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Businesses are spending again

A recent report from the Bureau of Economic Analysis about the health of the economy in the fourth quarter of 2011 shows a 20 percent spike in investment -- a sign that businesses are back to spending, not hoarding, their money.

Headlines during the Great Recession and its aftermath regularly featured this adage: U.S. businesses are flush with cash but wary of spending it.

Last fall, things changed. 

“I think businesses are starting to spend finally,” said Daron Acemoglu, a professor of economics at MIT. “So I think we have probably turned a corner.”

According to a revised report last week from the U.S. Bureau of Economic Analysis, domestic investment in the private sector grew 20.6 percent in the fourth quarter of 2011.  That number is annualized -- meaning that if the economy grew for a whole year the way it grew in the fourth quarter, we’d see a 20 percent rise in companies spending money (rather than hoarding it).

The spike was a welcome change from the previous five quarters, when investment suffered anemic growth -- or none, in some cases. This information, compiled from the BEA report, is illustrated in the chart below.

 

I went looking for a good example of a company opening its wallet for both new factories and new employees. I found Saint-Gobain, a French firm that produces construction materials like glass, ceramics, and plastics.

In September 2011, the firm began building a 140,000-square-foot factory in Goodyear, Ariz., to make glass mirrors for solar panels. John Crowe, the CEO of Saint-Gobain’s North American subsidiary, told me that the plant is a “multimillion-dollar investment,” though the cost is not public.  The plant will provide 50 new jobs when it begins operation later this year.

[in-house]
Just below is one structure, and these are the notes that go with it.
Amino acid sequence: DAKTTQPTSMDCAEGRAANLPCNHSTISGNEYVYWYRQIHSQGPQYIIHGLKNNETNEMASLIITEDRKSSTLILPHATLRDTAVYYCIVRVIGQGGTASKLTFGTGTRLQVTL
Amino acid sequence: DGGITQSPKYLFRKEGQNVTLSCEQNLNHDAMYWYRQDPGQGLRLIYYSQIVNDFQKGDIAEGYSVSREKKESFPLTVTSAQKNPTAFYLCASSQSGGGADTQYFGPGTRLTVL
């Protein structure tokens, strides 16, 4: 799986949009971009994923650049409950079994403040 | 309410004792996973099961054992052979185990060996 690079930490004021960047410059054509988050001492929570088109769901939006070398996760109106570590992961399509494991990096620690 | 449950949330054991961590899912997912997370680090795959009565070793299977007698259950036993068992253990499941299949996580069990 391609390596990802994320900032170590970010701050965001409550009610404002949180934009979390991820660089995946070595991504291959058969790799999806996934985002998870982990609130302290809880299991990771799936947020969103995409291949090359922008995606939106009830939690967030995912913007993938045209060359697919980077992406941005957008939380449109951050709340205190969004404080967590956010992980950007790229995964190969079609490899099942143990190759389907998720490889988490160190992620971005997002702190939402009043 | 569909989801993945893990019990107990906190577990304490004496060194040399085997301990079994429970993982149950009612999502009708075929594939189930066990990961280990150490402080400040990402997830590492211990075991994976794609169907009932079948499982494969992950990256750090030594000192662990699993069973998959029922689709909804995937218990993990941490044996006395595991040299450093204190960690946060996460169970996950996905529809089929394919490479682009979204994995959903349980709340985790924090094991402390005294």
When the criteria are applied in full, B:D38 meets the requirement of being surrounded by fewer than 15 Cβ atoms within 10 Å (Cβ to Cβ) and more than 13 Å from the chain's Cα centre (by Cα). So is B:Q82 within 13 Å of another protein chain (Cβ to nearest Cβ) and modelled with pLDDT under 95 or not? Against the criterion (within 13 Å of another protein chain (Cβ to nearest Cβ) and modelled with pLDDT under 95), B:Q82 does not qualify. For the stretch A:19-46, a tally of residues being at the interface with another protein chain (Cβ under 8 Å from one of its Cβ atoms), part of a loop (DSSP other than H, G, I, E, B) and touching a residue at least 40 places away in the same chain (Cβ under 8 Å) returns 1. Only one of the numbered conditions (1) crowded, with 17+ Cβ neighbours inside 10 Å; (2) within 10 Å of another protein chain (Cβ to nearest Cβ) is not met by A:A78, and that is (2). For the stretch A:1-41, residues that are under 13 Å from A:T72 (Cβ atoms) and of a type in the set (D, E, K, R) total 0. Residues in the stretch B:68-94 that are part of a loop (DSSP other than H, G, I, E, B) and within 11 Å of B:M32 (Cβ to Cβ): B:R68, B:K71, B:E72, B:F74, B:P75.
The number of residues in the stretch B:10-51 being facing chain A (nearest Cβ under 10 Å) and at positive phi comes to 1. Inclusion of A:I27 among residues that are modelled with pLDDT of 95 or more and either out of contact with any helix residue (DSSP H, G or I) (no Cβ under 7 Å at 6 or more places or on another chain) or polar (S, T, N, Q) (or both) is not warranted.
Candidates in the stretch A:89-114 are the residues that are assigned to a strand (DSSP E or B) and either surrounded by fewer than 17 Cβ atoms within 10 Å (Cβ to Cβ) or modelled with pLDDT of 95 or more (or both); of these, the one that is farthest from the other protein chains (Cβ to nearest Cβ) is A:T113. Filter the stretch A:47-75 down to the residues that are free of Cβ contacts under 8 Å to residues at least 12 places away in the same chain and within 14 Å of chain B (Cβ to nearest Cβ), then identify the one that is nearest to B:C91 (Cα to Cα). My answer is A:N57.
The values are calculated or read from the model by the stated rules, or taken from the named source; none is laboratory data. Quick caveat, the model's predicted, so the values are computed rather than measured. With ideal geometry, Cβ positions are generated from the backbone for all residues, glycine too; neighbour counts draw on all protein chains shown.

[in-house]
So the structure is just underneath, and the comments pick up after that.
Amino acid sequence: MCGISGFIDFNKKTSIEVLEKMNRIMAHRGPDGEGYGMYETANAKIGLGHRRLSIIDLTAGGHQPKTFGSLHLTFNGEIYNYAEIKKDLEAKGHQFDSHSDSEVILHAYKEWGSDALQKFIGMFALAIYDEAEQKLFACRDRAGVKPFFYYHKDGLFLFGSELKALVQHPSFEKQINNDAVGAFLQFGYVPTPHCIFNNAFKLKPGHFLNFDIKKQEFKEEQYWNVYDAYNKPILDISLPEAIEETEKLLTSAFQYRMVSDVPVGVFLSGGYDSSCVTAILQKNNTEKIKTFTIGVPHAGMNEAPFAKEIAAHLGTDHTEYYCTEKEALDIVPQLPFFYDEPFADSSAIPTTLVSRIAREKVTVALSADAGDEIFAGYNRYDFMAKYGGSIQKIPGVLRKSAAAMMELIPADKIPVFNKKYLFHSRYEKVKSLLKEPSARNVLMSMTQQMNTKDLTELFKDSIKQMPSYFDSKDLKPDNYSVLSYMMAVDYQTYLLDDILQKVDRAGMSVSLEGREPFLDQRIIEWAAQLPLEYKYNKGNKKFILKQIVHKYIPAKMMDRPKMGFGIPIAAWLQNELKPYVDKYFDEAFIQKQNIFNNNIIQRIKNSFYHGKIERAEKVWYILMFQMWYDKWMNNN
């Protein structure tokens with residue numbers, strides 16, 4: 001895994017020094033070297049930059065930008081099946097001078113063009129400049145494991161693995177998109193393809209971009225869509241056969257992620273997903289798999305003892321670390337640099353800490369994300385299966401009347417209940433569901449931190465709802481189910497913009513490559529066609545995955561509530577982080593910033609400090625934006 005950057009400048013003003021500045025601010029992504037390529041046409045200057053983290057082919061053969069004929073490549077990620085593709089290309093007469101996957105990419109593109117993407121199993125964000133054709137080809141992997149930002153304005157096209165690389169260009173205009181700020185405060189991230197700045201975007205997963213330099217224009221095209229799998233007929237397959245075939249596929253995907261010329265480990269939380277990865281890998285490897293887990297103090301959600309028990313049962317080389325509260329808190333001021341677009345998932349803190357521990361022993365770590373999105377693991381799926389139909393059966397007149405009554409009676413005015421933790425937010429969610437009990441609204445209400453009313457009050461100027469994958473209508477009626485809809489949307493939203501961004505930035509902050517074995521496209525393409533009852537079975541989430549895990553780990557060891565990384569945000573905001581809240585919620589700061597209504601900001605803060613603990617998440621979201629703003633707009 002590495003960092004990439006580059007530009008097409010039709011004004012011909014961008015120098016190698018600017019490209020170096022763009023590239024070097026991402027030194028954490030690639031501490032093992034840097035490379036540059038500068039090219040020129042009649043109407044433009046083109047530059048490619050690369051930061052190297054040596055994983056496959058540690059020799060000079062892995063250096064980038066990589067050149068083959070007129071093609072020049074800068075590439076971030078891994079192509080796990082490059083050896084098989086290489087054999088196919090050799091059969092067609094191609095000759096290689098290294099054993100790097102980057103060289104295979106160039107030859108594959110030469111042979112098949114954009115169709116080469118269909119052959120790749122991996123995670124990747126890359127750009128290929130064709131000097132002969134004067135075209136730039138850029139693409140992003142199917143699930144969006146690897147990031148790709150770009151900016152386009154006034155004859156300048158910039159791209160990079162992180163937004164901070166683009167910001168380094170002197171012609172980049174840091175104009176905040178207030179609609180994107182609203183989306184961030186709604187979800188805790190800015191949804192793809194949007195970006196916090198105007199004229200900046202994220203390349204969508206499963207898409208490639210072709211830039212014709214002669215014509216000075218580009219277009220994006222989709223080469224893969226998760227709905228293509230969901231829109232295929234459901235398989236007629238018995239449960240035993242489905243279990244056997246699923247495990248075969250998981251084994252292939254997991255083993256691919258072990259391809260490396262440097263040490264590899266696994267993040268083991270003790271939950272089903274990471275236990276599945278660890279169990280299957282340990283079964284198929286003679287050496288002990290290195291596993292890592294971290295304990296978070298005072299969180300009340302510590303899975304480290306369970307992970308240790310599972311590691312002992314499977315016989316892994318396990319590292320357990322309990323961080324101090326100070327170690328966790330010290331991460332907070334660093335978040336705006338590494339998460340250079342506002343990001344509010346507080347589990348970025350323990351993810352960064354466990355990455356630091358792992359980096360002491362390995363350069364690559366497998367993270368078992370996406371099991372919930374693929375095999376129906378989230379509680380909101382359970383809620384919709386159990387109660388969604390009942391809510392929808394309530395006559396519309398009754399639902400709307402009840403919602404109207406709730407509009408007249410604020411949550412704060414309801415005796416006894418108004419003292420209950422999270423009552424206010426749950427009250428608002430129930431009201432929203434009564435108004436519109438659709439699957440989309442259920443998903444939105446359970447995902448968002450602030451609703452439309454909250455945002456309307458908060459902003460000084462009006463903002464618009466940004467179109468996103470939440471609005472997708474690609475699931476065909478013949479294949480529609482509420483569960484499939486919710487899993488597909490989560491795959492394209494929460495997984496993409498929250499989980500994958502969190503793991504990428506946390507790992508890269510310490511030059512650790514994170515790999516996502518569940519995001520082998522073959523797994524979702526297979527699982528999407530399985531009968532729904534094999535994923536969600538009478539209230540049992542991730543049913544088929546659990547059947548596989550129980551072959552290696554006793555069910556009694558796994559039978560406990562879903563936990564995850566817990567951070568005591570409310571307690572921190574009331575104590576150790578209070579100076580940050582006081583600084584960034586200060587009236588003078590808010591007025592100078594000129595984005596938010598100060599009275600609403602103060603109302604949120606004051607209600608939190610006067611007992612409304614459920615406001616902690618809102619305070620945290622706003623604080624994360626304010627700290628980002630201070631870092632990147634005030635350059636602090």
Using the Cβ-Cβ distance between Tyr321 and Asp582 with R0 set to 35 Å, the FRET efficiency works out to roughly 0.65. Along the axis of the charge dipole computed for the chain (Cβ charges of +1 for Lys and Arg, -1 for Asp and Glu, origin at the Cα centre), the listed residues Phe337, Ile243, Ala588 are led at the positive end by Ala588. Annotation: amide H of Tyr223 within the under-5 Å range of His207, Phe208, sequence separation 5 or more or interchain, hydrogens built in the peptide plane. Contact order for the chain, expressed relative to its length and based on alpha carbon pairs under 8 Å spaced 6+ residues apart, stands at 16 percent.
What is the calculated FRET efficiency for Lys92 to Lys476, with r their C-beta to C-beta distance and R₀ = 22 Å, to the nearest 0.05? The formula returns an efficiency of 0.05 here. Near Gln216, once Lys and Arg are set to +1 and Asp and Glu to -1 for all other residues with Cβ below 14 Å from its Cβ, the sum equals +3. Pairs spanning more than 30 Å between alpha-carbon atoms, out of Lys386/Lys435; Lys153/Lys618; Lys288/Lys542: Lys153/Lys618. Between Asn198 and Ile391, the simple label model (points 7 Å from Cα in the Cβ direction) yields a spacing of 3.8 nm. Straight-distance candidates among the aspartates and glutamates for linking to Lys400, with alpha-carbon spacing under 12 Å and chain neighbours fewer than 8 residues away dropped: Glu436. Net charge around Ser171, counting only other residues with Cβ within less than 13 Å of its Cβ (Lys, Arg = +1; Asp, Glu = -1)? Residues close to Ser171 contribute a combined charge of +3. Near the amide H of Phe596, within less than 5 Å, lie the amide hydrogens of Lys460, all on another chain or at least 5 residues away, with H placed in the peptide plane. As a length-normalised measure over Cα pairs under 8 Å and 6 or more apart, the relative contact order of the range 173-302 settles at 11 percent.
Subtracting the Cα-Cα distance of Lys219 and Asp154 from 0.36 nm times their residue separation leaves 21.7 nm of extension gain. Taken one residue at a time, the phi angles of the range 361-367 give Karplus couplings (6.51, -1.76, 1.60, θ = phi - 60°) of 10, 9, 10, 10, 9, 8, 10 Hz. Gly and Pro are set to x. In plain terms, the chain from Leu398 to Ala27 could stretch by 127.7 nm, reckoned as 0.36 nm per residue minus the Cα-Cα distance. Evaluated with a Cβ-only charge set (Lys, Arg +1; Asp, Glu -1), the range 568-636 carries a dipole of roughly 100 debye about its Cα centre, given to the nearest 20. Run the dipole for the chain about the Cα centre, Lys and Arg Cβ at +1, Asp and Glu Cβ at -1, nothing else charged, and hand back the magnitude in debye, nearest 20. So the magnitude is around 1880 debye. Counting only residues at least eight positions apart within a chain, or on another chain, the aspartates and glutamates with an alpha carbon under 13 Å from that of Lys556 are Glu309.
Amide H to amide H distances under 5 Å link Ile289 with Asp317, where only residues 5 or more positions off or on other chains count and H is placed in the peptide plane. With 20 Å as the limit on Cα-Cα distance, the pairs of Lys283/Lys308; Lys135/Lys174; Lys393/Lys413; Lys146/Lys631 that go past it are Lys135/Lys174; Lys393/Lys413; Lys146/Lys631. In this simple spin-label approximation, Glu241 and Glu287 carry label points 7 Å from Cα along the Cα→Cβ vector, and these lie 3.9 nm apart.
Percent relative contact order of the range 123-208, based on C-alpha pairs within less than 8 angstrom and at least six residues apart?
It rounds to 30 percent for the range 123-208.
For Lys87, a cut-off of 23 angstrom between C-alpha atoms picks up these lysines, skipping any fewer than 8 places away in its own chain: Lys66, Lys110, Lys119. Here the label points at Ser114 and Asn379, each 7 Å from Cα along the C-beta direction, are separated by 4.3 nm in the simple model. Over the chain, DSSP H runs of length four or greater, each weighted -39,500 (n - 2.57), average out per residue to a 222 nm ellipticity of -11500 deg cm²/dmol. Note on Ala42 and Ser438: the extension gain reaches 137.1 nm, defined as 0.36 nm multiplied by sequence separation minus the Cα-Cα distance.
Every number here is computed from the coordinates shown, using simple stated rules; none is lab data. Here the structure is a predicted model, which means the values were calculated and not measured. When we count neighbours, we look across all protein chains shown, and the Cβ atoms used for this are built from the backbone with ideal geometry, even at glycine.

Although Saint-Gobain didn’t shut off its investment tap in 2009 and 2010, Crowe said the company treaded more cautiously at the time.  Other companies did the same; it was that kind of caution that caused many businesses to tighten their wallets in these post-recession years.

But today Crowe is more confident about doing business in the United States.

“Many of our businesses are doing quite well right now, especially linked to the industrial U.S. economy,” said Crowe.  “I see the United States remaining a very vibrant economy for many years to come.”

Crowe’s confidence seems to be supported by data for the manufacturing sector, according to numbers from the Institute of Supply Management.

The ISM reported last week that the manufacturing sector completed its 31st consecutive month of growth.

President Obama and other politicians believe the manufacturing sector will be the fulcrum for the turnaround of the American economy, but details have been scant on how to do it. Manufacturing already accounts for a significant portion of U.S. private investment. In the fall of 2011, for example, 30.6 percent of private investment growth came from manufacturing spending. 

Even more heartening: Manufacturing was not the only area to see an increase in investment. Companies in the energy, communications and computer hardware sectors also markedly expanded their total investment in the fall of 2011. 

This all seems to indicate more support for that recovery we’ve been hoping for. Unemployment -- though still high -- has dropped over the past five months, and consumers are feeling more confident today than at any time over the past year

But looking into the future, it’s still unclear if a rise in employment will match the increasing pace of investment spending.

“The rebound in employment (might) come even later than the other jobless recoveries we have experienced in the last two decades,” said Acemoglu. 

While the old adage of the post-recession years appears to have broken down, it could be replaced by a new one: Investments surge, but jobs are still hard to find.

We will receive a new clue to this puzzle on Friday. That’s when the Bureau of Labor Statistics releases its jobs report for the month of February.

About the author

Karl Baker joined Marketplace in January of 2012. Before coming to New York, he worked as a commercial fisherman, an English teacher, and a part-time reporter for KBCS radio. He's also currently a student in business and economic reporting at NYU.
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